- A sturdy, potentially high speed, motorcycle-inspired electric bike with lots of custom options including paint, saddle, bars and grips hand built in Southern California
- Optional battery size upgrade for improved range (up to 100 miles), twist throttle is simple to use and a large hydraulic disc brake offers good power but there was only one brake on the models I tested
- Single speed design is simple and durable but not much fun to pedal with, especially if you choose a lower saddle like the ones ones we saw, the fold-down foot rests are comfortable and solid
- The batteries rattled a bit and aren't easily removable (to reduce weight when transporting or charge separately), the kickstand is easy to break if you back the bike up while it's down and just didn't seem that sturdy
Warning, in some configurations this electric bike is classified as a moped or motorcycle and may not be ridden on cycling trails or paths. It may require licensing, insurance and lights when used on public roads.
The Marrs Cycles M-1 and newer, more affordable M-2 electric bikes are custom, American made hot rods… They deliver a lot of power, range and comfort depending on how you set them up. The stock motor is a 1,000 watt direct drive gearless hub mounted in the rear wheel. It’s supported by sturdy 10 gauge spokes connected to wide rims and true motorcycle tires measuring ~27.5″ in diameter. The battery is a 48 volt Lithium ion type that starts at 20 amp hours but can be upgraded to 40 ah or 60 amp hours for increase range, it’s made up of aluminum battery boxes stacked inside the mid-section of the frame and these packs resemble those I’ve seen on some of the early Pedego ebikes.
On the one hand, Marrs electric bikes are like art because they are so unique and custom and on the other, they resemble electric motorcycles because the control system can be unlocked for higher speed operation (up to ~30 mph). The challenge here is that they aren’t truly motorcycles… they don’t have lights, turn signals or other DOT required equipment that would truly make them road worthy. And as far as electric bicycles go, the powerful motor used here may not be allowed in some states but if you ride with the 20 mph setting and aren’t too reckless (or just use it on private property) it could probably go unnoticed. Frankly, I’d prefer behavior enforcement on ebikes vs. technology requirements just like we have for cars but coming back to the DOT safety measures around lights, seat belts etc. I can see how the lines get blurred. Anyway, I love how clean the frame looks and appreciate the black motor casing, spokes, rims and tires that blend together. While the M-2 does have pedals, the models I saw only offered one gear so that’s going to limit your unassisted power and speed significantly. This is not a bicycle I’d want to pedal at all, the custom saddles (which were taken from actual motorcycles) offer comfort but tend to be mounted lower – designed to support a more upright ride and let you extend your legs forward onto special platform rests. You can see this in action during the ride tests in the video review above. In short, you sit down and use your feet to stabilize the bike then push off and twist the throttle which is a full grip design (like a motorcycle). This is another area that could probably be customized if you prefer a trigger or half-grip as many other electric bicycles have.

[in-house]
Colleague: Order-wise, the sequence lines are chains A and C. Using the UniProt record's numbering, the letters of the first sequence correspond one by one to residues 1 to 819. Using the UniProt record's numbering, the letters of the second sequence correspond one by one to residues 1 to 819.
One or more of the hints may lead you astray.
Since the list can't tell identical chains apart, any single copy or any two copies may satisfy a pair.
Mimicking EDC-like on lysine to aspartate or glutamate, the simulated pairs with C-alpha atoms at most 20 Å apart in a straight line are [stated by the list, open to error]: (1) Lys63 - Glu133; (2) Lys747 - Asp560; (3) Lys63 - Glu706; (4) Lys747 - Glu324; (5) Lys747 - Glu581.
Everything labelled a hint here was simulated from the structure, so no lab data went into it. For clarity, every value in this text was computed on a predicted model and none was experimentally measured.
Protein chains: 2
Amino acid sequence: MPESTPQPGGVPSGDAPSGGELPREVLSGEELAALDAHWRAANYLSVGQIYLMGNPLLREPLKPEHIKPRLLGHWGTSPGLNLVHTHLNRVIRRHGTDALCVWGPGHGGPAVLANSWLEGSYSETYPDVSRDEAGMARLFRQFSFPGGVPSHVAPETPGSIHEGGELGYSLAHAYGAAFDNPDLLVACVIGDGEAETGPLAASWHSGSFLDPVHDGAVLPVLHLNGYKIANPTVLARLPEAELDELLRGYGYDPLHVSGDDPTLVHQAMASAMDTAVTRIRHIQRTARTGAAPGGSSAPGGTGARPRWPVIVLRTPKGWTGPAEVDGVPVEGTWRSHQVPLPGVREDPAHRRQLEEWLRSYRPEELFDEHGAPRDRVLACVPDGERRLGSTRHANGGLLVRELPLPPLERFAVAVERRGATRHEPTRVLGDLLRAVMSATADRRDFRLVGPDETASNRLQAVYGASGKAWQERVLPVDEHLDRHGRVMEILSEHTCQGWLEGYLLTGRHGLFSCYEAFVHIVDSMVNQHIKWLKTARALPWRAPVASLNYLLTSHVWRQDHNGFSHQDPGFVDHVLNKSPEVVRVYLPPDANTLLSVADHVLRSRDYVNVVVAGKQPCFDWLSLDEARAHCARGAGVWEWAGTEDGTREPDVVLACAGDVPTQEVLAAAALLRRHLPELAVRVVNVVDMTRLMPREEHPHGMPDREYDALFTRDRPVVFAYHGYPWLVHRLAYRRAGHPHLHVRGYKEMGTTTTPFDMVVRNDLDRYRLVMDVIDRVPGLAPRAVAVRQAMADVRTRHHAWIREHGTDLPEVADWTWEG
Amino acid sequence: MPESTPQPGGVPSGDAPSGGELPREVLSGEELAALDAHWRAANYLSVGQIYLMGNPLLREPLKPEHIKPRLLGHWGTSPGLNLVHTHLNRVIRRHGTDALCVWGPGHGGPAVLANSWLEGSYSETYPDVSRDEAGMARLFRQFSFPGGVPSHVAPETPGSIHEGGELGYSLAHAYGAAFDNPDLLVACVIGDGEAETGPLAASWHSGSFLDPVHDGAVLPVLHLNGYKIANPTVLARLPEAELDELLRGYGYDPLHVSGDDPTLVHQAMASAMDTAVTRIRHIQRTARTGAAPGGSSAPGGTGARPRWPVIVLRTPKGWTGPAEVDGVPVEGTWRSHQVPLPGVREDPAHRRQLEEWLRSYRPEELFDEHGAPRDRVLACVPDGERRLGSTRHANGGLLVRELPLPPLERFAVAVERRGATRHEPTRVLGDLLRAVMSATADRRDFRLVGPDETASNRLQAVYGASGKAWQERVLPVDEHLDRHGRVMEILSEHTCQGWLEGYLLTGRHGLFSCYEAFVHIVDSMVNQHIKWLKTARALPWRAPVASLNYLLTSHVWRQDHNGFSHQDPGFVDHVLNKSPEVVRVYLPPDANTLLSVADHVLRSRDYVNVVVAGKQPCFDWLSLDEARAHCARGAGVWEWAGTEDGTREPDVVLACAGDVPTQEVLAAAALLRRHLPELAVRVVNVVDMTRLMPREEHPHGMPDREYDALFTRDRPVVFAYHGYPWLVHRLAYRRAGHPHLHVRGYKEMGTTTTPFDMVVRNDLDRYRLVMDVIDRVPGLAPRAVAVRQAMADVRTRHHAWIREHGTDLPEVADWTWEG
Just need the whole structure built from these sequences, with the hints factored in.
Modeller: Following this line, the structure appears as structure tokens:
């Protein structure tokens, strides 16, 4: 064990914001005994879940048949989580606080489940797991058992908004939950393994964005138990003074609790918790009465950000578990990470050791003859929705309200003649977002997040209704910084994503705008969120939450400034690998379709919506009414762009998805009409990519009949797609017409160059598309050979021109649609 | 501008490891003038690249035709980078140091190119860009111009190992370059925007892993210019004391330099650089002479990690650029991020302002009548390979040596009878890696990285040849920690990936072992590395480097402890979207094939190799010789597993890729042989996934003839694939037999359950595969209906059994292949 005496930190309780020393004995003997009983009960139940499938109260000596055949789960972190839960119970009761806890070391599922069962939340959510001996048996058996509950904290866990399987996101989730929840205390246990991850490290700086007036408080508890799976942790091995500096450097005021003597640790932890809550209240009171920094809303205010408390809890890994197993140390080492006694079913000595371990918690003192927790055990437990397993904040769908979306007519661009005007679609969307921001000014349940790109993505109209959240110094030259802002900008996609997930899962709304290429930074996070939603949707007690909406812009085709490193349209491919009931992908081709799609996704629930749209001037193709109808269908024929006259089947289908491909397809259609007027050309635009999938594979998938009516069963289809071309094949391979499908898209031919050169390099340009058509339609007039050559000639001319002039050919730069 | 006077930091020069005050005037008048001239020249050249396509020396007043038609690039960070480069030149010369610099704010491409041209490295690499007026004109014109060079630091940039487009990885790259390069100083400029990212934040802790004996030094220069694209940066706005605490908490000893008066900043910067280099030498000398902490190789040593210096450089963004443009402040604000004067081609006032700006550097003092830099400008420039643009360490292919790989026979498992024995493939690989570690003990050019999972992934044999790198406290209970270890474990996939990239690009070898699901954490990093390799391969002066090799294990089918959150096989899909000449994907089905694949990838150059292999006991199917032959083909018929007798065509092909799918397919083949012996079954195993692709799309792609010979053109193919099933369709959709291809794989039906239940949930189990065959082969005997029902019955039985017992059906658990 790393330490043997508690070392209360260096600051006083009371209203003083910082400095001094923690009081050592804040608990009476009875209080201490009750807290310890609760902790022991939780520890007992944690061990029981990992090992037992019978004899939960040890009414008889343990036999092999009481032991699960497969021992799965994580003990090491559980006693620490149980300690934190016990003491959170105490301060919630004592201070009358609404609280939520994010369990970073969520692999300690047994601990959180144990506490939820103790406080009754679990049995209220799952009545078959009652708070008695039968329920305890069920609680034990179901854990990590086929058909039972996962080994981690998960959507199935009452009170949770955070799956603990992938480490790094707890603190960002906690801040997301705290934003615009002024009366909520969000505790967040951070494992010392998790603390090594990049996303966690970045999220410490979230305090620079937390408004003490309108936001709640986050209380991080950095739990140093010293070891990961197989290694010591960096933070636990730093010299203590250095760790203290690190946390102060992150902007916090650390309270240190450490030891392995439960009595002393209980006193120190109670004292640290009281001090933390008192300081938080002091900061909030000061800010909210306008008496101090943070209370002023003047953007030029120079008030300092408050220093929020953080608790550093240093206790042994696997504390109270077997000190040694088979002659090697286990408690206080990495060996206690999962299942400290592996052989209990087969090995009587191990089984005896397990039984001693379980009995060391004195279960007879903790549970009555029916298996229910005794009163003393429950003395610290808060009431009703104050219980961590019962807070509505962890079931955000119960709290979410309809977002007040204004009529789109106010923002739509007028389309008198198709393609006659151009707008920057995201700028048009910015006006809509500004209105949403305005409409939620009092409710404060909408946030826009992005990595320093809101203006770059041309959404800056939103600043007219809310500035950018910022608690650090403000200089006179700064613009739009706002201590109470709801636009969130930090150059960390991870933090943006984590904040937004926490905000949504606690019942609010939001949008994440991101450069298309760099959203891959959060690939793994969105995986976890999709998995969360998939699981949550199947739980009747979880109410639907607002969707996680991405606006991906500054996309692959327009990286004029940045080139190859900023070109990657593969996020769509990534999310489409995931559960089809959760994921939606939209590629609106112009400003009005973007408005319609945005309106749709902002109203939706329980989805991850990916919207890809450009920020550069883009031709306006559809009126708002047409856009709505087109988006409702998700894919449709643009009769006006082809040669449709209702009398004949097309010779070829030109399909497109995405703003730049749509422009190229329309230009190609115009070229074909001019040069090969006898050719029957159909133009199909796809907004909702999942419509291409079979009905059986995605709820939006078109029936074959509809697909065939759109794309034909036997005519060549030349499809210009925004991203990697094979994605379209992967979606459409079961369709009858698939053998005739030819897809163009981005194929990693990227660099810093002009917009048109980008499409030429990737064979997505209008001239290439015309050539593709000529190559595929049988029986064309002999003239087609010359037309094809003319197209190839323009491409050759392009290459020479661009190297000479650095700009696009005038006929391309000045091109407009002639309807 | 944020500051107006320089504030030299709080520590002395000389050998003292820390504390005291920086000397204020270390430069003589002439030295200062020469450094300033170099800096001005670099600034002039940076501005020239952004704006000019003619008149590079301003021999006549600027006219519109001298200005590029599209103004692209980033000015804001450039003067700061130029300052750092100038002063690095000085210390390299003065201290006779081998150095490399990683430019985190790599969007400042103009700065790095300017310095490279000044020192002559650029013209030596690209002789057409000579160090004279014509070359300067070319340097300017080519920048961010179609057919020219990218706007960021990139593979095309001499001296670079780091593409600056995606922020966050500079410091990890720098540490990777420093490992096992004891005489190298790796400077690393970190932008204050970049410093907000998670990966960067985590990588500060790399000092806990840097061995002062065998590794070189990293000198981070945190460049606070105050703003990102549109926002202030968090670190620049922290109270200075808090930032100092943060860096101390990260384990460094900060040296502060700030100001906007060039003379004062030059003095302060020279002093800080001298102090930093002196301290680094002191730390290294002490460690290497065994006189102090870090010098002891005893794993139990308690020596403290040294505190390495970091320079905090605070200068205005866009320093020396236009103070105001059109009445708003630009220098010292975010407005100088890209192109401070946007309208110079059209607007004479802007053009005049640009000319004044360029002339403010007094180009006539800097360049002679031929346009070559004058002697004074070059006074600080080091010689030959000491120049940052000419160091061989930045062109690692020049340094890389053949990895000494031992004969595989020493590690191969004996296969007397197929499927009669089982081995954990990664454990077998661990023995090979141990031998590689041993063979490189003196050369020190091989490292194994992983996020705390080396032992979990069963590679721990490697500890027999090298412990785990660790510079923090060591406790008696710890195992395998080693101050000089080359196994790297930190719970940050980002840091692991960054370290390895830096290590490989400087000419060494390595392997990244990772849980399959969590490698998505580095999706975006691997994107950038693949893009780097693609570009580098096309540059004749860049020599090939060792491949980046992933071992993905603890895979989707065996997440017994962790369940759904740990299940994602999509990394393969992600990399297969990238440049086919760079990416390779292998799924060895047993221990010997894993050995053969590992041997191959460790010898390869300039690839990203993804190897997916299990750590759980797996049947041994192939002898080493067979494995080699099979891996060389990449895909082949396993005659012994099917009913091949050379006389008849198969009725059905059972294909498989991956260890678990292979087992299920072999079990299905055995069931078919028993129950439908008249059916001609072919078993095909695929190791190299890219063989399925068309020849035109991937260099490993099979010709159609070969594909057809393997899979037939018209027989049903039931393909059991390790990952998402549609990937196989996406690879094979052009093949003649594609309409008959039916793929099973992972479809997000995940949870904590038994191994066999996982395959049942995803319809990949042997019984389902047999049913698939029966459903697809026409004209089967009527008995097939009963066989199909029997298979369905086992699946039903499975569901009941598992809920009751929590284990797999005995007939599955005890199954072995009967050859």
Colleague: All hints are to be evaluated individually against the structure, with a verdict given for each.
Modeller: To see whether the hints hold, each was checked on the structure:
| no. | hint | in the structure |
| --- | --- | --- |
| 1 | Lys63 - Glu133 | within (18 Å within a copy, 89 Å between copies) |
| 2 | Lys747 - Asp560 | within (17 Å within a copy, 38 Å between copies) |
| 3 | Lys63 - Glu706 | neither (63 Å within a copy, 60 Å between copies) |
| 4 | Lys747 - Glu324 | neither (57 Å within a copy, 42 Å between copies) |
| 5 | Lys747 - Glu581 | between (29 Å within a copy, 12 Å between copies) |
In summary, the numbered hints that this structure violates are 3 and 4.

The bike feels solid but I noticed a bit of rattling from the battery boxes inside the frame when traveling over bumps. The units shown in this review were numbers 1 and 2 in the series so it’s possible that newer builds have resolved this. I bet those little rubber bumpers sold at the hardware store would probably do the trick if yours is rattling. I love the extra large 203 mm hydraulic disc brake but was a bit concerned about actual stopping power given that you only get one in the rear. Many times, electric mountain bikes I review have a larger more powerful front brake because inertia sends weight forward during heavy stops… you get more traction and stopping power from the front wheel. With the Mars Cycles you don’t get a front brake at all, for me this is an area you might want to ask about customizing if you plan to ride fast in varied environments. Another area where hardware felt a little underwhelming was the kickstand. Sam Townsend, the owner of the two models shown here, had broken the kickstands a couple of times by backing the bikes up with it deployed. thankfully there’s a standard heavy-duty mounting point to swap in a new stand but the ones used here felt a little weak and sensitive. You can see it rattling in the ride test when I show the motor view.